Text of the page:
LONDON.- Serpentine Galleries
presents Jake and Dinos Chapman: Come and See at the new Serpentine Sackler Gallery, designed by Zaha Hadid Architects. Come and See will demonstrate the range of the artists output - from painting, drawing, printmaking and sculpture, to film, music and literature - providing a unique insight into the complexity of their practice and their prolific career. It will be the first exhibition in a London public gallery to encompass the breadth of their work since Chapmanworld at the ICA in 1996.
Jake and Dinos Chapman create iconoclastic sculptures, installations and two-dimensional works that address a wide range of themes including morality, religion, history of art and consumer culture. Their work is provocative and deliberately confrontational, approaching controversial subjects with irreverence and dark humour.
Julia Peyton-Jones, Director, and Hans Ulrich Obrist, Co-Director, at Serpentine Galleries said: Since their surreal and sometimes nightmarish imagery took up residency in our collective subconscious in the early 1990s, Jake and Dinos have continued to prod, provoke and entertain. Whether subverting artists original works including their own twisting historic narratives or peeling back the surface of consumer-driven culture to reveal the horror and humour that lies beneath, the Chapmans compel us to confront the nagging fears that lie at the dark heart of the Western psyche. Their use of film, music and literature as well as painting, drawing, printmaking and sculpture anticipated the multi-disciplinary approach of the 89plus generation for whom they are heroes and trailblazers. We are thrilled that they are exhibiting at the Serpentine Sackler Gallery this winter.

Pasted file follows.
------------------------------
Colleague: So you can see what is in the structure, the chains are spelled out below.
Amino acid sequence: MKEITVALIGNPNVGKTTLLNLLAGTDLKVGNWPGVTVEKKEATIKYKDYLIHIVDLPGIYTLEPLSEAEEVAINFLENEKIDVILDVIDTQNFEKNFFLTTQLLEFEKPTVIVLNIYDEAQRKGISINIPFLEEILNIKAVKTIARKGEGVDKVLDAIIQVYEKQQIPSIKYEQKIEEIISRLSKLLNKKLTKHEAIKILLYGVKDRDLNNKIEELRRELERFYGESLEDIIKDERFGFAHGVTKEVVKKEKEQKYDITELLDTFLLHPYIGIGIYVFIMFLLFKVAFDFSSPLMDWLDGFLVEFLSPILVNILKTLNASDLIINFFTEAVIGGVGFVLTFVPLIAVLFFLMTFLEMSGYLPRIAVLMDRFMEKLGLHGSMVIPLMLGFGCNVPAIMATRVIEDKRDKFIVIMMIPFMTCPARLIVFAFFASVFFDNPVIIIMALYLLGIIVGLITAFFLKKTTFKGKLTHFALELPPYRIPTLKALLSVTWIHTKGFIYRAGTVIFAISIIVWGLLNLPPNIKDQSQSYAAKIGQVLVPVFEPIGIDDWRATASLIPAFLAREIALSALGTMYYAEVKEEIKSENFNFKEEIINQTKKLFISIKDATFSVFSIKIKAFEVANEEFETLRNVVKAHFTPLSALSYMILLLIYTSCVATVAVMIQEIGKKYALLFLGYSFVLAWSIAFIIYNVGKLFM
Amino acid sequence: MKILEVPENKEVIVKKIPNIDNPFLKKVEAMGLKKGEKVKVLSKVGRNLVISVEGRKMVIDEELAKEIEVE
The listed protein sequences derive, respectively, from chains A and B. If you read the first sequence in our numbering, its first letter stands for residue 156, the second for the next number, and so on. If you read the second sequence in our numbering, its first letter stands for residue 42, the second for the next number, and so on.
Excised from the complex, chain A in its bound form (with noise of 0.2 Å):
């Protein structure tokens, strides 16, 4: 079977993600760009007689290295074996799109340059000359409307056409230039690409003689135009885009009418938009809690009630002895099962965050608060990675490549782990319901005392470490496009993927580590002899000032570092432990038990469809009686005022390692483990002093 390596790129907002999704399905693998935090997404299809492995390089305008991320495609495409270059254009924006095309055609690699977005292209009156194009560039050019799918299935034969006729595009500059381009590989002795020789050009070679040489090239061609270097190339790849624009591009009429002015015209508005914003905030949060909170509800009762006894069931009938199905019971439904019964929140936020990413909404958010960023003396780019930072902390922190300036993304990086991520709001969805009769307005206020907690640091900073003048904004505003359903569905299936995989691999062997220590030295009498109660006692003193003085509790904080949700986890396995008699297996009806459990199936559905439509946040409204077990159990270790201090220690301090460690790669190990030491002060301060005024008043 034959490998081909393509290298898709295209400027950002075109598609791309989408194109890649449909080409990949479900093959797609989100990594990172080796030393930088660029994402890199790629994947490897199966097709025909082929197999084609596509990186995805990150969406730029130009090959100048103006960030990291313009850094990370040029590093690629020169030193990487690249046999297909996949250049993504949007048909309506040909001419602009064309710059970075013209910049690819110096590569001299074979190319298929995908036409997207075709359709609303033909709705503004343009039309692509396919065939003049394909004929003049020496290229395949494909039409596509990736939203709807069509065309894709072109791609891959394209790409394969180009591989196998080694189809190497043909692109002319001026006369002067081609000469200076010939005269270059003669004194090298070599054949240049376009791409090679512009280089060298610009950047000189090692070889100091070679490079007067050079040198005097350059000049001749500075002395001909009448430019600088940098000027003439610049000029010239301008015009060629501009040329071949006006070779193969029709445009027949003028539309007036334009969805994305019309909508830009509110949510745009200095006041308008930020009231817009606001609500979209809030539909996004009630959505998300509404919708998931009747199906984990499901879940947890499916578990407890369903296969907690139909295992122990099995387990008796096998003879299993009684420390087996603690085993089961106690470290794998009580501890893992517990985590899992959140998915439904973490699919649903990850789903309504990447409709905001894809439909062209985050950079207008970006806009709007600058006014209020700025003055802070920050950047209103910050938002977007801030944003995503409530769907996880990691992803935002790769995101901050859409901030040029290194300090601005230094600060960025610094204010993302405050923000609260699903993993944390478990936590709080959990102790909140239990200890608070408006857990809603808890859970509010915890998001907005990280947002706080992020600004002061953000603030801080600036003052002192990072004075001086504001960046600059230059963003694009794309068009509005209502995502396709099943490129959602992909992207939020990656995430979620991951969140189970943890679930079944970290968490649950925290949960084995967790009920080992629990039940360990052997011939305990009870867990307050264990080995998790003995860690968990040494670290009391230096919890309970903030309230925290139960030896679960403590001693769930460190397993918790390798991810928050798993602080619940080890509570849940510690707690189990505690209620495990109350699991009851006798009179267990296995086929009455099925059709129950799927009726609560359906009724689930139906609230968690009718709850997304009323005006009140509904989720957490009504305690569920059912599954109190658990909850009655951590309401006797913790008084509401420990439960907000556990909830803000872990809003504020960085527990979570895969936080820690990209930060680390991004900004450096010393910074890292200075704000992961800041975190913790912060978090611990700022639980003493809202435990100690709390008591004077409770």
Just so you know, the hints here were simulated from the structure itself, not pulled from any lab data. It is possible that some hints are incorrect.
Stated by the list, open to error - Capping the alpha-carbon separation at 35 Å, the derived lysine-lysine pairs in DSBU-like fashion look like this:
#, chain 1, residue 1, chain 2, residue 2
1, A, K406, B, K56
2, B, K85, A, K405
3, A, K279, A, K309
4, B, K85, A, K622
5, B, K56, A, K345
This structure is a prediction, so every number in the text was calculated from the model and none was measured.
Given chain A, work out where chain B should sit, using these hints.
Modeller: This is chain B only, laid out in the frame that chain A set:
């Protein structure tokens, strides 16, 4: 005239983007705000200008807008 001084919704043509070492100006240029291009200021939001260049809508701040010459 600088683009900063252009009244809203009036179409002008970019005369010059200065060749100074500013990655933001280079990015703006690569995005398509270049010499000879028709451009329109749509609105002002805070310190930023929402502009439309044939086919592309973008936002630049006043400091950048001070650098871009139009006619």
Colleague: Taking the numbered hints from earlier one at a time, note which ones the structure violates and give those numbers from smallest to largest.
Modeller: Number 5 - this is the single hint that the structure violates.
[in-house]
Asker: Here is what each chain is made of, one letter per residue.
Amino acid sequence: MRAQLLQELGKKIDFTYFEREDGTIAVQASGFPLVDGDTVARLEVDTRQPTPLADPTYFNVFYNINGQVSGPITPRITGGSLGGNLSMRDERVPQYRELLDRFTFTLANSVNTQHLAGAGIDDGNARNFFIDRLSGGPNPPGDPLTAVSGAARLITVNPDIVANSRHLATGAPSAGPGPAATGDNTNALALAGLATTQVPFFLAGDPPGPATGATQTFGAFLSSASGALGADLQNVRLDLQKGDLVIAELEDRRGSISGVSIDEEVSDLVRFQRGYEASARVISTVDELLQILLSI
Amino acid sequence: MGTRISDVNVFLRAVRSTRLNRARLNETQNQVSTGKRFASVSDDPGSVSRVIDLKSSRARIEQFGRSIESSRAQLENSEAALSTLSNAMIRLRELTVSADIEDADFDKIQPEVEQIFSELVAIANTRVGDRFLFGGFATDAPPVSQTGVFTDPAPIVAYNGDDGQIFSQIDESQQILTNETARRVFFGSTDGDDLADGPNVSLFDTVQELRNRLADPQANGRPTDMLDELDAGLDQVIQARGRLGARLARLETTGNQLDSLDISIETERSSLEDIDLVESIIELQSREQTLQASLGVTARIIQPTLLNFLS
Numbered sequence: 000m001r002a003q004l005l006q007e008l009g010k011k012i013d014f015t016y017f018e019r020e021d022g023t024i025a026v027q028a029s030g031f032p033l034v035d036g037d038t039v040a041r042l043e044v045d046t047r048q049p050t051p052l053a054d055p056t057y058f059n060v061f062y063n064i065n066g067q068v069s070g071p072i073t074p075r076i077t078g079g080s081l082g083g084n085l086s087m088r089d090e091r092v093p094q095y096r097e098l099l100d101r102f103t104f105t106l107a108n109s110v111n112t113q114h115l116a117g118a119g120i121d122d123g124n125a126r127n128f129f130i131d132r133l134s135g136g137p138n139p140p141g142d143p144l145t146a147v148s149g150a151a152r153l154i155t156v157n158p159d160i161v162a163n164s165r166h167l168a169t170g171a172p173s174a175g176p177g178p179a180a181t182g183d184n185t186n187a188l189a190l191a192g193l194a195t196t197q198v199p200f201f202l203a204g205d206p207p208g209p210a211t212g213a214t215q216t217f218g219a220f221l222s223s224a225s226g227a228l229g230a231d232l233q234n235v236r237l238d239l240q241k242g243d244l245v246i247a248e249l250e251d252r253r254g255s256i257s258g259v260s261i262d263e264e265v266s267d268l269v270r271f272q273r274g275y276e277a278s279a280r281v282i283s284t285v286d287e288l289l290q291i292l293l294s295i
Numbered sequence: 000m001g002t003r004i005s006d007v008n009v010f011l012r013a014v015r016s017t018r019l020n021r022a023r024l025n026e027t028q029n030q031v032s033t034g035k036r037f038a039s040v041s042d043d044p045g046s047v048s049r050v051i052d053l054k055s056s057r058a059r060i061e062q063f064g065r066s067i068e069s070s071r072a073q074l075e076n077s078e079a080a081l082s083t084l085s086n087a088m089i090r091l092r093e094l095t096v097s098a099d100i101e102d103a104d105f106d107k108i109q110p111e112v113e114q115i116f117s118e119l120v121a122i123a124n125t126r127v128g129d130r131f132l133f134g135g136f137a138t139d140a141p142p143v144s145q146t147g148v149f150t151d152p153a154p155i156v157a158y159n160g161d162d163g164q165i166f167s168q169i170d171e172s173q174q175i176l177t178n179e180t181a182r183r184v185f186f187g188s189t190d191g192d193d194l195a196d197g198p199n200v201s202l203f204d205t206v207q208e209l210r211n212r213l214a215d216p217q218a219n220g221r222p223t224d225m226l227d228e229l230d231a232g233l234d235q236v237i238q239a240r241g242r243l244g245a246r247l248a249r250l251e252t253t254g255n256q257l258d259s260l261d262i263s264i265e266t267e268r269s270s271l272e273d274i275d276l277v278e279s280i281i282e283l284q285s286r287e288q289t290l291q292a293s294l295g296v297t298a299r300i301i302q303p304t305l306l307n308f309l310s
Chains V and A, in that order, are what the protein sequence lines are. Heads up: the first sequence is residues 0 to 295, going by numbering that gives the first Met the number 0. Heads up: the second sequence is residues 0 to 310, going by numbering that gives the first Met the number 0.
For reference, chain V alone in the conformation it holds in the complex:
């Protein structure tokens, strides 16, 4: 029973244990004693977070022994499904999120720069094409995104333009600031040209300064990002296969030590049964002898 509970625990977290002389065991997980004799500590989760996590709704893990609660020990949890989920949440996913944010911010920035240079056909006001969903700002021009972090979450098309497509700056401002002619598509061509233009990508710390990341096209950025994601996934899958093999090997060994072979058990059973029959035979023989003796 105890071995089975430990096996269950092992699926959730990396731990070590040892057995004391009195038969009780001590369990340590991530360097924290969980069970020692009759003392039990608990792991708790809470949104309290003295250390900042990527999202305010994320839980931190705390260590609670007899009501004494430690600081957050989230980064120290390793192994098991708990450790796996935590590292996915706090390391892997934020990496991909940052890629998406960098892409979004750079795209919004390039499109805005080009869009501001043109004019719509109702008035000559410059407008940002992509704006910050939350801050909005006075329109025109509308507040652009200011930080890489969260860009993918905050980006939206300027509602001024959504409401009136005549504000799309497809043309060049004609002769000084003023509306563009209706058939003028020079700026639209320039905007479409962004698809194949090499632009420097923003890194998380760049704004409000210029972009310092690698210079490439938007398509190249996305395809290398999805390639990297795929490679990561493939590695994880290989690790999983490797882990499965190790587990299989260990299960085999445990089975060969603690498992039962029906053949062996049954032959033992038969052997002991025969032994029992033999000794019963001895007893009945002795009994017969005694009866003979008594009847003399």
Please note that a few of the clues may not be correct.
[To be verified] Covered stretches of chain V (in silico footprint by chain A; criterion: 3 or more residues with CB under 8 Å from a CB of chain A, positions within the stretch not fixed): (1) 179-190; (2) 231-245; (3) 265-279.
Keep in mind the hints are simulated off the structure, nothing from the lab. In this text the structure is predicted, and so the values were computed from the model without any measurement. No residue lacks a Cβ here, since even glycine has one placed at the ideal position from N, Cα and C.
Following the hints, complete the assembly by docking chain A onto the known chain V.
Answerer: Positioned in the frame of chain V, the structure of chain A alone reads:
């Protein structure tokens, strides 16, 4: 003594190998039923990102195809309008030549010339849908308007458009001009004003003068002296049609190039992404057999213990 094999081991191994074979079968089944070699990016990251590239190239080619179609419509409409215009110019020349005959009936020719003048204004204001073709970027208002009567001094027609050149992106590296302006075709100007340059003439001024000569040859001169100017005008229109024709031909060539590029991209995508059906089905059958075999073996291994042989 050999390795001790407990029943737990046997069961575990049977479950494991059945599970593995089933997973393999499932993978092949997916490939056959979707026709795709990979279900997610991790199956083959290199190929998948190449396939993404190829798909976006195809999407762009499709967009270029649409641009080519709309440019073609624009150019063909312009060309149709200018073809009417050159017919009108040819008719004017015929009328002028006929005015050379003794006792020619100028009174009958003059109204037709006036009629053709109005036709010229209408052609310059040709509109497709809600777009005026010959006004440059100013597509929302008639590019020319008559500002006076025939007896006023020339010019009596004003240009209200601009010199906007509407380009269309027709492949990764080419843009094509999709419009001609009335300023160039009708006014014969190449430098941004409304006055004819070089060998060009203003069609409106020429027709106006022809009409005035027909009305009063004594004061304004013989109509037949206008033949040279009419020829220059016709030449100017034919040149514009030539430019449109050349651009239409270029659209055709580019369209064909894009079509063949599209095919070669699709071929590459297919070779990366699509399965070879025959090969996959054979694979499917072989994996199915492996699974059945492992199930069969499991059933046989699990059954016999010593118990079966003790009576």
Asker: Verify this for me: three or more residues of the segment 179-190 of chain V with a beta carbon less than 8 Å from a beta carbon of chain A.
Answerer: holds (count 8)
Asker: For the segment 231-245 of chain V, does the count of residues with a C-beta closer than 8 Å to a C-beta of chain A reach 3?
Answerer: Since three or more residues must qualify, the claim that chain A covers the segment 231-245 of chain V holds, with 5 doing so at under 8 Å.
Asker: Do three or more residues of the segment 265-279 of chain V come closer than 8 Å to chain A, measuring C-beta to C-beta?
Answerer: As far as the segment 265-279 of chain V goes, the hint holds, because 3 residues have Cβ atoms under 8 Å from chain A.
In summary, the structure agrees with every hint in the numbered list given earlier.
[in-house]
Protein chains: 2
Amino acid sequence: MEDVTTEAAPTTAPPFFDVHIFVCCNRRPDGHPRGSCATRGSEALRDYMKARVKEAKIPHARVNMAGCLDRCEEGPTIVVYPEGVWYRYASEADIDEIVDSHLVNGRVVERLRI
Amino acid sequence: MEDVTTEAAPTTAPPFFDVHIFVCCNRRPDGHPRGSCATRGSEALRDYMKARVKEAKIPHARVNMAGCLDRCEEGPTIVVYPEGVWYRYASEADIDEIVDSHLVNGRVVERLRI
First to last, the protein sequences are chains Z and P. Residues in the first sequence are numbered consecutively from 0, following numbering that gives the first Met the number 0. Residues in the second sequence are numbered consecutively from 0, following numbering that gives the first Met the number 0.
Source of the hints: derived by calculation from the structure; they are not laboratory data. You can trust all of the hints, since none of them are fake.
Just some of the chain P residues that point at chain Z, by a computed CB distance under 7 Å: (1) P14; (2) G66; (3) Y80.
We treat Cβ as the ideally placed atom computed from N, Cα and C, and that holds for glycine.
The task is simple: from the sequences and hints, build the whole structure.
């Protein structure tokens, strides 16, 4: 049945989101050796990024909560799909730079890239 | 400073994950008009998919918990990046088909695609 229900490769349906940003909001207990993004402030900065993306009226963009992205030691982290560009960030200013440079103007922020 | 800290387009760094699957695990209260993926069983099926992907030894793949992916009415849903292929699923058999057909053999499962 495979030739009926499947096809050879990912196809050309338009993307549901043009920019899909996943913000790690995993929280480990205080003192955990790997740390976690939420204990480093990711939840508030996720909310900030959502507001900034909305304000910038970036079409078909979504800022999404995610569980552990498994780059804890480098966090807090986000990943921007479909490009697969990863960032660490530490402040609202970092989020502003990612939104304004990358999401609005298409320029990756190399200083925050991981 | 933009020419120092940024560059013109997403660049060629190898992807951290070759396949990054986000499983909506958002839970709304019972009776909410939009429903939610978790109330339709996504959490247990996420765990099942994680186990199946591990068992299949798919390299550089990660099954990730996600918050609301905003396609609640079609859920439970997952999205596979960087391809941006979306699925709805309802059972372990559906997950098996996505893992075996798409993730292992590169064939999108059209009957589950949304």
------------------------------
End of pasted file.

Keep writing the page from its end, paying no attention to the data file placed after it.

The Chapmans began collaborating in the early 1990s and first gained attention for their work Disasters of War, a three-dimensional recreation of Goya's series of etchings of the same name, for which they reconstructed Goya's scenes of brutal violence using miniature plastic figurines that they carefully reshaped and painted by hand. Goya, and the Disasters of War particularly, have remained a continued presence in the Chapmans work. In 2003, they famously acquired a set of Goya's etchings and altered them, painting clown and cartoon heads over the original faces of the figures.
Their large Hell landscapes, such as Hell (2000) and The Sum of All Evil (2012-13), are at once monumental in scale and minutely detailed. These apocalyptic landscapes, teeming with miniature figures, depict scenes of excessive brutality involving Nazi soldiers and, in more recent works, McDonald's characters. The grotesque and often surreal violence of the scenes is offset by the overwhelming detail and painstaking labour evident in these and many of the Chapmans works.
Jake (b. 1966, Cheltenham) and Dinos (b. 1962, London) Chapman were nominated for The Turner Prize in 2003 and have exhibited their work extensively since the 1990s, including recent solo exhibitions at SongEun ArtSpace Museum, Seoul, and PinchukArtCentre, Kiev, (both 2013); The Hermitage, St Petersburg (2012); and Tate Liverpool (2006).